I came across this very sophisticated Stellar Lumens (XLM) scam today and I wanted to alert you about this so you can stay safe and protect your wealth as the crypto bull market returns.
I include screenshots to explain how the scam works and to point out some of the features to look out for and identify this as a scam.
Figure 1. The announcement email
How does the scam work?
A very legitimate looking email from Stellar (see Figure 1) announces extremely good news for the XLM community. The campaign is believable, given the Stellar Development Foundation’s strategy to increase adoption of XLM through airdrops with strategic partners (e.g. Keybase and Blockchain wallet airdrops) and increasing value of XLM through supply reductions (e.g. XLM burning event).
All the links take you to a blog post (see Figure 2). The blog provides further details of the airdrop and explains the mechanism for calculating how many free XLM you will receive. There are a number of links on the page. Most people would probably just click on the ‘claim lumens’ link and move to the claim screen. However, the links to join Stellar social channel on Keybase and to developer documentation take you to genuine Stellar sites, however the links to the Community and Stellar Development Foundation are broken.
Figure 2. Blog explaining airdrop
Once you click on the 'claim lumens' link, you are taken to a Stellar Account viewer page. It looks official, with the address even looking legitimate. Users are asked to enter their public key. What makes this scam very convincing is that it links to the XLM blockchain and returns a valid balance. It then calculates how much you will receive from the airdrop (looks to be ~25% more XLM rounded down to the nearest whole XLM). Obviously this is attractive and most people will now be salivating about their good fortune. You are then directed to a claim screen.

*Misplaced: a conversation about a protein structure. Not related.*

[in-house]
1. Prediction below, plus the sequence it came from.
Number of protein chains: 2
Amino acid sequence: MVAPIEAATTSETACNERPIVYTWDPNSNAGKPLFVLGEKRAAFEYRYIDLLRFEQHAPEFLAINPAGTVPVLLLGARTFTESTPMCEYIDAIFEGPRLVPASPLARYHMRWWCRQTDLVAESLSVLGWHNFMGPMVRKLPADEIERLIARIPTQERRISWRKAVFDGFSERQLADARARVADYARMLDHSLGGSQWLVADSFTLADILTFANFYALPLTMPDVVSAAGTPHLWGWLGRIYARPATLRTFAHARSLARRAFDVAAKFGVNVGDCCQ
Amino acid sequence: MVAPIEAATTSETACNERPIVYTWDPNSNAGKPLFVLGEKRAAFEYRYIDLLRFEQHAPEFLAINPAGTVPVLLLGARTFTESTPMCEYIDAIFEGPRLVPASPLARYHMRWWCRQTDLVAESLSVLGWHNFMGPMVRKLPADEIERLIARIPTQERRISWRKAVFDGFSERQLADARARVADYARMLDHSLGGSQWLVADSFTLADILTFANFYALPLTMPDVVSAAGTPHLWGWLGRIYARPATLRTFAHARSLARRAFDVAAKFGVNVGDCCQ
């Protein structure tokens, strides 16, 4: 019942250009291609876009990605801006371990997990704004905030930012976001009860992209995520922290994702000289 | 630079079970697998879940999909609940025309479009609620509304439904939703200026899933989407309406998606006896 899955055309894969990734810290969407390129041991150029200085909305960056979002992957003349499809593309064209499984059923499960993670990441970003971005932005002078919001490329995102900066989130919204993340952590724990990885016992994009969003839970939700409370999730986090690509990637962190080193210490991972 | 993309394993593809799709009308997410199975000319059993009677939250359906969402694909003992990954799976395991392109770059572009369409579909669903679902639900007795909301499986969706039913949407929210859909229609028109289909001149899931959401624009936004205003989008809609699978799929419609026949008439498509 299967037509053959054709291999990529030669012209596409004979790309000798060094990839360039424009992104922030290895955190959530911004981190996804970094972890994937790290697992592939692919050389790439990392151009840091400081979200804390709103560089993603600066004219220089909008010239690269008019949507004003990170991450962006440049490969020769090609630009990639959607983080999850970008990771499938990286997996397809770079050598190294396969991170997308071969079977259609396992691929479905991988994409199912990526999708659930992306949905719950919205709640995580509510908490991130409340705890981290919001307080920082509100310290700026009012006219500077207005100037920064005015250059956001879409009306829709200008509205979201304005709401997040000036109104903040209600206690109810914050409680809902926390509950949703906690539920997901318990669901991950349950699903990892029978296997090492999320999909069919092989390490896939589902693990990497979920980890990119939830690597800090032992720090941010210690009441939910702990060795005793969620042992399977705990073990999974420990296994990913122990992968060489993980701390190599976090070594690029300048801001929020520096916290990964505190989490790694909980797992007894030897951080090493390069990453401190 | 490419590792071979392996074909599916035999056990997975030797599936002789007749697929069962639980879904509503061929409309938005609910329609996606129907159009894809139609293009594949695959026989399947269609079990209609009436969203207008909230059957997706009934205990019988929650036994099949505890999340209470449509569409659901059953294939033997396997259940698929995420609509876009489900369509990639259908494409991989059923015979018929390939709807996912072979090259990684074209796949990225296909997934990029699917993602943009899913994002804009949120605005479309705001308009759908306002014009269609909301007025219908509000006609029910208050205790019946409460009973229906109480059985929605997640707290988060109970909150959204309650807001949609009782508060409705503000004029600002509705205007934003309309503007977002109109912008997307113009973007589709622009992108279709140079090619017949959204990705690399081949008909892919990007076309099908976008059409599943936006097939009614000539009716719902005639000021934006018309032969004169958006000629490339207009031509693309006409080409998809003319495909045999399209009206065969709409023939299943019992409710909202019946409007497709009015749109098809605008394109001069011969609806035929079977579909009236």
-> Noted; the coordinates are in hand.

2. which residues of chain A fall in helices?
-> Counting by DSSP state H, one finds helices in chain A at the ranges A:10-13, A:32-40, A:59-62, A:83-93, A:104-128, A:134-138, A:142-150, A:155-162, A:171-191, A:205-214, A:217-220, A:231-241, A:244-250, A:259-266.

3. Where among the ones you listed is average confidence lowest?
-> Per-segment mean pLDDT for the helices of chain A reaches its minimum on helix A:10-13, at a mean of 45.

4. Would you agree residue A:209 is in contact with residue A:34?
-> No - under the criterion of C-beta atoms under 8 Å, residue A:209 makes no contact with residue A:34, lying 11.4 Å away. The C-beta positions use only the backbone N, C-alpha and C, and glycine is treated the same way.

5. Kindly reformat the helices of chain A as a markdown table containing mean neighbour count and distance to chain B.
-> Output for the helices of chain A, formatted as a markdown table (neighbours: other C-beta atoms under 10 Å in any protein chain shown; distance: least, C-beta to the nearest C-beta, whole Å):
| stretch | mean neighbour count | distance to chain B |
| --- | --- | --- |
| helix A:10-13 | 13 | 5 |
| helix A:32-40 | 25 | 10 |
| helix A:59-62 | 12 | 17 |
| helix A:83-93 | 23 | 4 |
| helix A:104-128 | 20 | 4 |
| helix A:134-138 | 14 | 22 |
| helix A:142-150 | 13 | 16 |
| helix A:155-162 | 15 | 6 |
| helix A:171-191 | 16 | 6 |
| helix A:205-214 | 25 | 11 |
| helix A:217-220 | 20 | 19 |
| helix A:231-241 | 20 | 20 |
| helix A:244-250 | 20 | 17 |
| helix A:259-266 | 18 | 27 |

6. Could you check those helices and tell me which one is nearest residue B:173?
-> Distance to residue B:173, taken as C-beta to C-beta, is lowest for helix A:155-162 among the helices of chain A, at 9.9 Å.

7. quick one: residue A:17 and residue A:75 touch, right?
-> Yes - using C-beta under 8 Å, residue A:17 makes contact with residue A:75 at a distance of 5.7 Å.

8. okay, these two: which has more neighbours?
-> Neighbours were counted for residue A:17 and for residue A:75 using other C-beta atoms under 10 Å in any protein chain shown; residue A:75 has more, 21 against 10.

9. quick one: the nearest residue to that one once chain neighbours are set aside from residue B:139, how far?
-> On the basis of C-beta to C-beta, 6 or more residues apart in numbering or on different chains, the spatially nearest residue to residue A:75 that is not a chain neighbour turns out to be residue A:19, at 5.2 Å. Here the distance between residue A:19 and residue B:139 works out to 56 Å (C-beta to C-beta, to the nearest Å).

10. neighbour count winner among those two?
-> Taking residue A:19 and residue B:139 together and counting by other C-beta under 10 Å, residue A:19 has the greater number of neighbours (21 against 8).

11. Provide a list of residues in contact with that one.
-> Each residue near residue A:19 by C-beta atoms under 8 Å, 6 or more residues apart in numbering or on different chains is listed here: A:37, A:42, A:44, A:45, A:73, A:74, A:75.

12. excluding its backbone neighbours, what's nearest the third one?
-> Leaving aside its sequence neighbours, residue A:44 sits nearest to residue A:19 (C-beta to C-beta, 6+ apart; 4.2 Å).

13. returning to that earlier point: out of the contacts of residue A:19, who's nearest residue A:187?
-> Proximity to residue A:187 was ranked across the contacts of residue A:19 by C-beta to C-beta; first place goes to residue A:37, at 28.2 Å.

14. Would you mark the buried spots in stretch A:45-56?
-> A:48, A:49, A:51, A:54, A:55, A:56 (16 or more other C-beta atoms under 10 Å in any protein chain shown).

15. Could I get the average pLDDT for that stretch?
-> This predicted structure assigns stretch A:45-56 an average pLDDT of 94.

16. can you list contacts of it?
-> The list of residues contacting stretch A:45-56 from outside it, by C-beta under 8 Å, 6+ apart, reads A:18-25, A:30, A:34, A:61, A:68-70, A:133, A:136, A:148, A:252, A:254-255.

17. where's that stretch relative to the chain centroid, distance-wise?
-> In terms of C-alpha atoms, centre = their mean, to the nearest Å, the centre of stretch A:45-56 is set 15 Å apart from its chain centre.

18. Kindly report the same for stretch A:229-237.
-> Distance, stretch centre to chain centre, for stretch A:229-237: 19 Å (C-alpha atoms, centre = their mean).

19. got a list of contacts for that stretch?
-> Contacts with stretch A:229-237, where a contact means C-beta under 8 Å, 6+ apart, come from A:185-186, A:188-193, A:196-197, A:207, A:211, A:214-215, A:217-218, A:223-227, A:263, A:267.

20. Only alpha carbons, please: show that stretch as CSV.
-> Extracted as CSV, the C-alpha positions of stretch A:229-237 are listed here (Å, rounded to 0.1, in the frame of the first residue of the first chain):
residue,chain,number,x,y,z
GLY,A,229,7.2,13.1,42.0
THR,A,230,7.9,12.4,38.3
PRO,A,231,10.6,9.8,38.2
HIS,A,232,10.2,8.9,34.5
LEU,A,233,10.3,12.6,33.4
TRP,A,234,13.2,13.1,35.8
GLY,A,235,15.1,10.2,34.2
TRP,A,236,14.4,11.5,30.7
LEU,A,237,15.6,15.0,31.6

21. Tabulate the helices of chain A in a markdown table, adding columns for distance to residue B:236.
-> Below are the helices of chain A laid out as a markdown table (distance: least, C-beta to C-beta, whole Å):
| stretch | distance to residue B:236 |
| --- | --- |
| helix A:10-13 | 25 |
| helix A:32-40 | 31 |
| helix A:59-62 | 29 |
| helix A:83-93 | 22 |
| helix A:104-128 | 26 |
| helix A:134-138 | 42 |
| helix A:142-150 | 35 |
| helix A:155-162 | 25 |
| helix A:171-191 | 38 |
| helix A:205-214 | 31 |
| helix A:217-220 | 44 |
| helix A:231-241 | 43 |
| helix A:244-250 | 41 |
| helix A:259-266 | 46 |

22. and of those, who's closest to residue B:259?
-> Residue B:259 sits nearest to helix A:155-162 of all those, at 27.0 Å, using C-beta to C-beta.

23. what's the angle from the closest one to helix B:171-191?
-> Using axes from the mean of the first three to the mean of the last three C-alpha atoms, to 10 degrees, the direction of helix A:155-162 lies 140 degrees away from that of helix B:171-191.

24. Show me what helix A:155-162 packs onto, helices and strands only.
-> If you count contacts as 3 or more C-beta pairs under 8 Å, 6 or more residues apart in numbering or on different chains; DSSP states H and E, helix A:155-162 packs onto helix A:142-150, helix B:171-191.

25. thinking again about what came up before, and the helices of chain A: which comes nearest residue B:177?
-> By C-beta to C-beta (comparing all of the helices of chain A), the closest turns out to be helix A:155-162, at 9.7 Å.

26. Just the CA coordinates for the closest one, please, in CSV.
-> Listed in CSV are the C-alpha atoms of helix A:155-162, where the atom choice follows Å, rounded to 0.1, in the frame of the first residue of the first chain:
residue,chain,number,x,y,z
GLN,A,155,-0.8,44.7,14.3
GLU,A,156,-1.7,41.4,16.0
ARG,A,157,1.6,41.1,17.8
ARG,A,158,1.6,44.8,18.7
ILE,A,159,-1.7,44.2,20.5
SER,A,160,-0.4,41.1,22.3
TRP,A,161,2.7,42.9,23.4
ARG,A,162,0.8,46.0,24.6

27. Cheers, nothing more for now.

Figure 3. Claim your lumens
Now we get to the main event. There are links that suggest that you can sign the claim using a hardware device, but attention is immediately drawn to the filled in button 'sign request'. This is where they harvest your secret keys. Now with your public and private keys, they are free to take your crypto at will.
Figure 4. The harvesting
What gives this away?
- The email address should be an immediate red flag. It does not appear to be from a legitimate source, even though the content itself looks very professional and legitimate.
- The broken links are a good indication that the authors are not who they say they are.
- Genuine projects will never ask you for your private keys. I think this is a safe assumption to make and there are no circumstances ever, where you should disclose your private and public keys to a 3rd party. Once they have this….it’s their crypto.
Bad actors are getting really sophisticated and you are not safe out there. Some have the resources and ingenuity to develop sophisticated ways of catching you off guard and harvesting your crypto. They imitate sites of genuine companies, design their pages to look legitimate and will even link to genuine content. Please stay safe out there and NEVER EVER EVER give your private key pairings to anyone!